Most inmates deserve a chance to get out of prison. One of the purposes of the criminal justice system is reform, after all. It is my opinion that if you committed a nonviolent crime and/or if you show true remorse for your actions, you should receive a chance at parole. Violent crimes committed against women and children are a different story, but for the most part, I believe in second chances.
The California criminal justice system is not giving Damon Cooke a second chance, but Damon Cooke is a man who deserves a second chance. After 28 years of trouble-free incarceration, you would think an inmate would receive parole. However, he has received nothing but denial after denial for years.
Who Is Damon Cooke?
In February 1991, Damon Cooke was a financial consultant living in Los Angeles with no prior criminal record. After several friends visited his residence, Cooke discovered that a necklace and 10,000 cash were missing from his personal belongings. He assumed that his friend named Padraic Ryan stole the items.
Cooke drove to Berkeley, California in the San Francisco Bay Area to confront Ryan, who denied the theft. Cooke took a gun from his cousin and without much proof regarding who stole the cash and jewelry shot Ryan in the head. Although suffering from a fractured cheekbone, Ryan played dead until Cooke left and phoned the police.
After the attempted murder, the courts sentenced Cooke 11 years to life in prison. He has served over 27 years at San Quentin. Several months ago, he was transferred to Solano State Prison in Vacaville, Ca for an alleged disciplinary infraction. Within three days of Cooke’s arrival, senior staff members at Solano realized the charges related to his transfer did not make sense and refused to enforce any of their sanctions. After making calls and investigating Cooke’s history while incarcerated they realized that he completely turned his life around.
Cooke teaches computer science fundamentals and coding basics to his fellow inmates. He hosts a radio show and podcast from prison called Uncuffed. But since Cooke has been in prison, the California court system has repeatedly denied him parole due to “infractions” and “lack of marketable skills.” This reasoning could not be further from the truth.
The Case for Damon Cooke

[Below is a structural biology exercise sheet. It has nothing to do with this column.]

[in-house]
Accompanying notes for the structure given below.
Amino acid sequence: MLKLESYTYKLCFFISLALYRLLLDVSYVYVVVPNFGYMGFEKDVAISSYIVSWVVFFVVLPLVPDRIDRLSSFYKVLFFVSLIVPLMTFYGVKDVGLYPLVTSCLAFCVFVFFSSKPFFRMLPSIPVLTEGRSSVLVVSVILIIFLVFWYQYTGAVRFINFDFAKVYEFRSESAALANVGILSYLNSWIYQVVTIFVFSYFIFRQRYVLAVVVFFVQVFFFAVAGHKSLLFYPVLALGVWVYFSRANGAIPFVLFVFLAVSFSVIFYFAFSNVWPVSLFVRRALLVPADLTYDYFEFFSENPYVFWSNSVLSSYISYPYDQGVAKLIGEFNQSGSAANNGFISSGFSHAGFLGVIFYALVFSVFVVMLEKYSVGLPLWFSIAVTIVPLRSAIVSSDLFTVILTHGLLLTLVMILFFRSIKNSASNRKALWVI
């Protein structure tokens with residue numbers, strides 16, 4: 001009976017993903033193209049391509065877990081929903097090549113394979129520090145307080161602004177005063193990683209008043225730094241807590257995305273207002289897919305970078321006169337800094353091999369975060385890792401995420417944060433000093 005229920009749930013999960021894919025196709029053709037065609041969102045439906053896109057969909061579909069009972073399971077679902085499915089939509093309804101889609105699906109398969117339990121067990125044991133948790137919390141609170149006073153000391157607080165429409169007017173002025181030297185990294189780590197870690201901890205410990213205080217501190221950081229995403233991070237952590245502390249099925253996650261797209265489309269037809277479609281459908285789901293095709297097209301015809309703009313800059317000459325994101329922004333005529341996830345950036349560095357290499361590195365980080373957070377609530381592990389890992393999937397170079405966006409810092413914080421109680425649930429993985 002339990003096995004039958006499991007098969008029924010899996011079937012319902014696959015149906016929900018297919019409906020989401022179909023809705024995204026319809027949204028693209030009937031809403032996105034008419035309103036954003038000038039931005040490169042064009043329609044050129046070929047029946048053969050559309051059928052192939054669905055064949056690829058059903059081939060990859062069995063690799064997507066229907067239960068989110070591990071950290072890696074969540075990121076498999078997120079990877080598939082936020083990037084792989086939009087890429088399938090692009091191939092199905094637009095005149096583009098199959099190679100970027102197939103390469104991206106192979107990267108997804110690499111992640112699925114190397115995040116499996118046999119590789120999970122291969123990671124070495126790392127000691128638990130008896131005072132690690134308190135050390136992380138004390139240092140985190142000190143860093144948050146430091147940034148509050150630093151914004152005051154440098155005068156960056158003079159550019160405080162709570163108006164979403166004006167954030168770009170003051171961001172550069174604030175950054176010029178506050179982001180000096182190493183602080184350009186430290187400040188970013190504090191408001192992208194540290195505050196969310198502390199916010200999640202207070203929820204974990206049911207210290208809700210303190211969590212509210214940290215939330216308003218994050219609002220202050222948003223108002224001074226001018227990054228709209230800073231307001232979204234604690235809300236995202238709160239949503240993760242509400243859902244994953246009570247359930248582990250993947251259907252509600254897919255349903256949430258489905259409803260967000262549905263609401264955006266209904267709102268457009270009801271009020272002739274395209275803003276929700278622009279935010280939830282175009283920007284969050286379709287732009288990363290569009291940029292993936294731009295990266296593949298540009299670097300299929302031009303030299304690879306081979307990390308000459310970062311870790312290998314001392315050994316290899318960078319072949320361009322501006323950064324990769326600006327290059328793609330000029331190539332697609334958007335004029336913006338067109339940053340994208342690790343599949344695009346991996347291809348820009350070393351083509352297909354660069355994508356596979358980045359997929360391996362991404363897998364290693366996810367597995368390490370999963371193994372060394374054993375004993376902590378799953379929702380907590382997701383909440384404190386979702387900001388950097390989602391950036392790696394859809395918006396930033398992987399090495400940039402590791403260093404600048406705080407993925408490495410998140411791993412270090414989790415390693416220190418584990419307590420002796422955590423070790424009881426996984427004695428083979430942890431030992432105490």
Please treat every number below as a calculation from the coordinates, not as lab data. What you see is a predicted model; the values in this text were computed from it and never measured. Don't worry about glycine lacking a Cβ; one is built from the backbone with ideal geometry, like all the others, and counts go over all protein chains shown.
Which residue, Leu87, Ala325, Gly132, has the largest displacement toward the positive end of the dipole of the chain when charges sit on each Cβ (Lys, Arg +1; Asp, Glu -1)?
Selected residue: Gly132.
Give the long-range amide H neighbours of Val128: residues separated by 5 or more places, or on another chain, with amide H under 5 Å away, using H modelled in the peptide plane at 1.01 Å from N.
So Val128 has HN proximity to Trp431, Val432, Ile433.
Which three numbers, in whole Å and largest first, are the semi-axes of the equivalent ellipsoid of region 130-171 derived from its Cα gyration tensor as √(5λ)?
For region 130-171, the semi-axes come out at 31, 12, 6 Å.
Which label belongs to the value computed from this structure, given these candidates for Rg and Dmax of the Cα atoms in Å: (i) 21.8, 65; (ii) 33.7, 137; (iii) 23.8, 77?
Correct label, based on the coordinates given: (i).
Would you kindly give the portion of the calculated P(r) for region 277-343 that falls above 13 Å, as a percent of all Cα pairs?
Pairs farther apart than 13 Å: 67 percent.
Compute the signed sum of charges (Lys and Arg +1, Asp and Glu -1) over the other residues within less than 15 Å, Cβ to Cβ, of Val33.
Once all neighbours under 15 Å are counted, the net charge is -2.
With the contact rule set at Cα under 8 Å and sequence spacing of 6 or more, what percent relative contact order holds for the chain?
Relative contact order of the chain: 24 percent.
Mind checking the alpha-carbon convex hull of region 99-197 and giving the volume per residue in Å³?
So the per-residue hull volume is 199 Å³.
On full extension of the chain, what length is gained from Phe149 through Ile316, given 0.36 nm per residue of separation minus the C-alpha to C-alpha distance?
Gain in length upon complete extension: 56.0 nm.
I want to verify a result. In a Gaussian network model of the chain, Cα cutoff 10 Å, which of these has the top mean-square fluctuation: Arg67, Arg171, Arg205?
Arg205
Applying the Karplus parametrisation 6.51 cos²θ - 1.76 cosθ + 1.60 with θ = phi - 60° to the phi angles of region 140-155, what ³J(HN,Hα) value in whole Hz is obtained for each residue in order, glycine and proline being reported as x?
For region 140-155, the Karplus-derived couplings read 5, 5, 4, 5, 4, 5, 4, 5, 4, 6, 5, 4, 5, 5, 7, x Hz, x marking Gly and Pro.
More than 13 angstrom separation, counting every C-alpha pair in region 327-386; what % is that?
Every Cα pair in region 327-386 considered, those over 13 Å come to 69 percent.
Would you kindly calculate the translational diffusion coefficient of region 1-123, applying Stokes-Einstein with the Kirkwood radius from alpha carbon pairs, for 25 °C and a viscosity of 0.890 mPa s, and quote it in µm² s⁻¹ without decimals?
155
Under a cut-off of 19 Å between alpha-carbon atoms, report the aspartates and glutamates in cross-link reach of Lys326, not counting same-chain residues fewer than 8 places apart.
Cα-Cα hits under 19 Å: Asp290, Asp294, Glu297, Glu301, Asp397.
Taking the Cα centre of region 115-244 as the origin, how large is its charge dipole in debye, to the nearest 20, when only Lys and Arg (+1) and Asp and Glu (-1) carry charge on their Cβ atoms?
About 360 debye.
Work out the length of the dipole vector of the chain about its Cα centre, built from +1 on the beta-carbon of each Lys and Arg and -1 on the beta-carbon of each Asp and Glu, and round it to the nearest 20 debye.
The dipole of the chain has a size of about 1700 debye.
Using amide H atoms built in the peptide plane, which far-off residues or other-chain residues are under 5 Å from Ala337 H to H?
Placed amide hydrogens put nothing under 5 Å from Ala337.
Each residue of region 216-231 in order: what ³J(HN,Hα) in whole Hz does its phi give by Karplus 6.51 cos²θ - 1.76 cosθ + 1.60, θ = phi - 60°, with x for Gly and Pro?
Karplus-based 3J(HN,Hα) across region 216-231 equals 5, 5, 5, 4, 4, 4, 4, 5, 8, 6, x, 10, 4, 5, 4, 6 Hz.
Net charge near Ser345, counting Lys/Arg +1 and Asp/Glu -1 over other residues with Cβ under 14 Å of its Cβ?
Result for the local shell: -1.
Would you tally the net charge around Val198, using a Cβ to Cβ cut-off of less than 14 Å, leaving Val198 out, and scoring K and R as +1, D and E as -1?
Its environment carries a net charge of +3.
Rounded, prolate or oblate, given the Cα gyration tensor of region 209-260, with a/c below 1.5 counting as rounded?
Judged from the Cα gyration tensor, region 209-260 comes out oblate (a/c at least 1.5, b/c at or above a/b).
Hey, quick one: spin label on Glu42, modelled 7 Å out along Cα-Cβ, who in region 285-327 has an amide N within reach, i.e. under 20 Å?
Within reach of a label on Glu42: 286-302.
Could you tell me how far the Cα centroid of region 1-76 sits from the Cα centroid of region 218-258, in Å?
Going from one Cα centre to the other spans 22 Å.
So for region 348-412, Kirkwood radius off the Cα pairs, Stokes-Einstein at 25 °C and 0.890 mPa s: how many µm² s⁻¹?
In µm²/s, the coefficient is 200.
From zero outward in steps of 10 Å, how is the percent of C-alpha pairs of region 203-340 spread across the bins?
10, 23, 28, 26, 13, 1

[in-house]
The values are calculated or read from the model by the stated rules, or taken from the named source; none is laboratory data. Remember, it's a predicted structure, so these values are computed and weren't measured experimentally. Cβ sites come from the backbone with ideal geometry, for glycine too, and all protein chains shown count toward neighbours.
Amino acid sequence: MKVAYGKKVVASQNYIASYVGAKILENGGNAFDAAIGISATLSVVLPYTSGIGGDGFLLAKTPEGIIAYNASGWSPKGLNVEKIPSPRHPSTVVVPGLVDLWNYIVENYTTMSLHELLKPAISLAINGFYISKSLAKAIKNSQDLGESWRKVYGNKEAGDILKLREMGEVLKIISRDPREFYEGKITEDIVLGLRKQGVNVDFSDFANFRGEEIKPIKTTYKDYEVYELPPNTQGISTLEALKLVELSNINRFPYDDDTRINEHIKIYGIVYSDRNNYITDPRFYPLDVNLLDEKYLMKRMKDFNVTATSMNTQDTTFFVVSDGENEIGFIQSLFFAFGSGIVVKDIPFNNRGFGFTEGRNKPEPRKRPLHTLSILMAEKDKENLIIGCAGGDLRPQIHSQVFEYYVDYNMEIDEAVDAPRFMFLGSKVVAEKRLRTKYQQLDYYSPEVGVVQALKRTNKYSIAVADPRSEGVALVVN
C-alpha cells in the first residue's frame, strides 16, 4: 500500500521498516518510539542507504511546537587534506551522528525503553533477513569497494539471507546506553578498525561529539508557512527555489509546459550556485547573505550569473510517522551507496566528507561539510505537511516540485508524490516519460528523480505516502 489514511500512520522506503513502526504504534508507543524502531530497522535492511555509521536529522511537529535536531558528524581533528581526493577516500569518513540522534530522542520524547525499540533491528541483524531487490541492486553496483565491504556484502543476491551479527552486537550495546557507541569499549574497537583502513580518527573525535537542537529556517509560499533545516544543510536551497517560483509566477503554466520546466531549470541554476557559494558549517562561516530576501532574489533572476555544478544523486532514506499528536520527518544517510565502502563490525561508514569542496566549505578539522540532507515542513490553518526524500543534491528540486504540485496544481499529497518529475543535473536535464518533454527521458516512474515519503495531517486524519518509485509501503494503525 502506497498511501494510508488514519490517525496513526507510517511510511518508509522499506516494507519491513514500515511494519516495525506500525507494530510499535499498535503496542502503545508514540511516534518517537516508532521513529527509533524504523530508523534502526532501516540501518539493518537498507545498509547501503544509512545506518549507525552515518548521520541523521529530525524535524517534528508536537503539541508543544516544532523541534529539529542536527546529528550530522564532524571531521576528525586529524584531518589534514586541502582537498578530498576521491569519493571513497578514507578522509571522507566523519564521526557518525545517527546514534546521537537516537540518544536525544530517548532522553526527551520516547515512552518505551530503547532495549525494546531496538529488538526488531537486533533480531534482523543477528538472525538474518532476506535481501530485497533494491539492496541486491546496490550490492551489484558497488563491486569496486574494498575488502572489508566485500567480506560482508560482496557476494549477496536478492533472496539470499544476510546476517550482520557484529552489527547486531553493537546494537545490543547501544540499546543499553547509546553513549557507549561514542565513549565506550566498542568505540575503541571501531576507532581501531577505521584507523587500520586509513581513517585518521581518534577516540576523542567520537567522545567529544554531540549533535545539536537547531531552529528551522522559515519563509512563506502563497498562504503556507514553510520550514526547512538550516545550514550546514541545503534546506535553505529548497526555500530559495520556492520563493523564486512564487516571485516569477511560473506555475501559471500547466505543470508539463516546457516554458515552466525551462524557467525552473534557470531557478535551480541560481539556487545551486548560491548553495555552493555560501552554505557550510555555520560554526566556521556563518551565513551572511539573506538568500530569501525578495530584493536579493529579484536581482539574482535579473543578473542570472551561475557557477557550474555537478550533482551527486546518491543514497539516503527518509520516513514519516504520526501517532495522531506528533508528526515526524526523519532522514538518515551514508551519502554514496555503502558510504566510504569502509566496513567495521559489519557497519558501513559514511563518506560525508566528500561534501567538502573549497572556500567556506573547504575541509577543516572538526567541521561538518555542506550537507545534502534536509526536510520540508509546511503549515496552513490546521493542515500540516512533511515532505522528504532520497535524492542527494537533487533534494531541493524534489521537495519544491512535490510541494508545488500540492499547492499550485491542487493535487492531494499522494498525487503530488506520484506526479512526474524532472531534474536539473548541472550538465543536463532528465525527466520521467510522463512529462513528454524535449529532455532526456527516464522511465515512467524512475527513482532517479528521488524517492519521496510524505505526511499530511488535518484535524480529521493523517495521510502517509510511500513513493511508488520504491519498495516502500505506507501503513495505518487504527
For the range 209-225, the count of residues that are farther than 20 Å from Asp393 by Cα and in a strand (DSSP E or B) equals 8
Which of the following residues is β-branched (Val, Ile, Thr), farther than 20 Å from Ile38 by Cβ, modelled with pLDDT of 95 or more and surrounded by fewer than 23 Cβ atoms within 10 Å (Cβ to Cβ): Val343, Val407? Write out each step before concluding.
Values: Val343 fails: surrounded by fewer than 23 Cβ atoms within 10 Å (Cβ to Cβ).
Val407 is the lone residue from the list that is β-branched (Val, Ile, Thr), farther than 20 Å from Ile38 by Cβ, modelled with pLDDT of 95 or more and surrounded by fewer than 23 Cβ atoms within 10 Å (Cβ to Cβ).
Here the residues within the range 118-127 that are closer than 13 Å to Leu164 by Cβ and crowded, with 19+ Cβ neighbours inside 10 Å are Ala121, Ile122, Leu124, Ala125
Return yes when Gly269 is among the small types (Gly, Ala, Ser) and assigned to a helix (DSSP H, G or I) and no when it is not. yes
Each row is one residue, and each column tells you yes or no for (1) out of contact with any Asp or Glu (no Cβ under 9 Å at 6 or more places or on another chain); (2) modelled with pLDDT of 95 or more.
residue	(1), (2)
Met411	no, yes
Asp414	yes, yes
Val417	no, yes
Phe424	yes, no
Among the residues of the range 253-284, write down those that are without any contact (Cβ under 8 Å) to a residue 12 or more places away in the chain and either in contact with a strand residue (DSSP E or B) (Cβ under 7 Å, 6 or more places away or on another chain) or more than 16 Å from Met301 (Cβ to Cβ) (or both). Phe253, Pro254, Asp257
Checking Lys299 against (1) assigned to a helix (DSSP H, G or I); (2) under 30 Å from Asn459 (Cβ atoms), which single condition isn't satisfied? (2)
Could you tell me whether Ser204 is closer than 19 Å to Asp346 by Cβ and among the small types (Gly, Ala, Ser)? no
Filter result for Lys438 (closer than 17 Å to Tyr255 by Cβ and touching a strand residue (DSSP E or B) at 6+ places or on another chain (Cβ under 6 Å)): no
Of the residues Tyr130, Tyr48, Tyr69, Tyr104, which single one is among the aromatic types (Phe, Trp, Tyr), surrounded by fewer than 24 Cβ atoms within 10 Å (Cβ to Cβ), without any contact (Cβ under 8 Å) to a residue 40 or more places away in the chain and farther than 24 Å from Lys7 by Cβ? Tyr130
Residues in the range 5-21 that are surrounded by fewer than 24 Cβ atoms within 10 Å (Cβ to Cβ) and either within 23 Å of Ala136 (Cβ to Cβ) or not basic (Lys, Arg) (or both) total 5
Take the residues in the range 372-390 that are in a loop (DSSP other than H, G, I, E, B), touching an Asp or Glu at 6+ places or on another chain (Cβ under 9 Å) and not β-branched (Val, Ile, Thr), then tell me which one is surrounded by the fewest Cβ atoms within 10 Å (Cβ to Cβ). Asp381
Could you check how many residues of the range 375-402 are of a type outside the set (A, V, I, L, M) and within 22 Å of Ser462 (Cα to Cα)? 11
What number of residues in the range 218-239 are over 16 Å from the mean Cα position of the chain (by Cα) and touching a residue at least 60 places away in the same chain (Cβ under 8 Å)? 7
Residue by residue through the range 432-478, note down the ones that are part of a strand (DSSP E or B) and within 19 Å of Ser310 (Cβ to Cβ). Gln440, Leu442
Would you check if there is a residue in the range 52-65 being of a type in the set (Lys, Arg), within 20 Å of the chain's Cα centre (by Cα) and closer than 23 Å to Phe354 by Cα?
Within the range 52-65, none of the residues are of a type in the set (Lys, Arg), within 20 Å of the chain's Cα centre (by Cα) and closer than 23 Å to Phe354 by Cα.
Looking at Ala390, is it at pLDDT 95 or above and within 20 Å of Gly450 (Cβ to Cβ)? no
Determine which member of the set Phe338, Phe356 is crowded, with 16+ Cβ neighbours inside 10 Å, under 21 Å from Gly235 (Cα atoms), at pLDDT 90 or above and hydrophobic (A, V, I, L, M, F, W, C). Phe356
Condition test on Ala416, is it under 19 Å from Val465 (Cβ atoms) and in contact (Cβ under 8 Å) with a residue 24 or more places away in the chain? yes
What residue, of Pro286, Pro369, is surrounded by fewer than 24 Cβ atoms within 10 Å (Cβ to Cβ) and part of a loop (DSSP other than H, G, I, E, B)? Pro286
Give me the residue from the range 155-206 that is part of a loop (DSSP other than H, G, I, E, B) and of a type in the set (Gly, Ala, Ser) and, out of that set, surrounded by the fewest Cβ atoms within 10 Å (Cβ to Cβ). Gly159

Damon Cooke is no longer a violent criminal. He offended once and the victim lived. Damon has been a victim of theft during his stint in prison. He pardoned the desperate and newly incarcerated inmate for what is considered a major violation of inmate rules. In fact Cooke, gave the inmate the items he attempted to steal and mentored him on prison etiquette while in San Quentin.
He has reformed his behavior and performed good deeds for his fellow inmates, sharing valuable stories and experiences from the inside. But while murderers and rapists receive parole privileges, the parole board has denied Cooke a second chance over and over.
Throughout his 28 years in prison, Cooke has:
- Worked as a clerk and a teacher’s aide
- Organized a festival for the children of his fellow inmates
- Taught anger management and denial management courses
- Served as President of the Toastmasters’ Delta Breeze Chapter
- Engaged in conflict de-escalation between inmates
- Started his own radio show
- Designed educational programs for his fellow inmates
- Received job offers from Fortune 500 companies pending his release
- Created a youth offender program
- Edited the newspaper Solano Vision News
- Earned his paralegal certification
Cooke has also instructed victims of violent crimes in writing their victim impact statements. He is an advocate for the Enneagram personality test, which local training programs use to aid inmates in self-compassion, awareness, and regulation. He is a poet, an author, and an all-around productive member of prison society.
Cooke has advocates inside and outside of the prison system. Famous individuals such as MC Hammer and the Golden State Warriors basketball team have visited Cooke in San Quentin.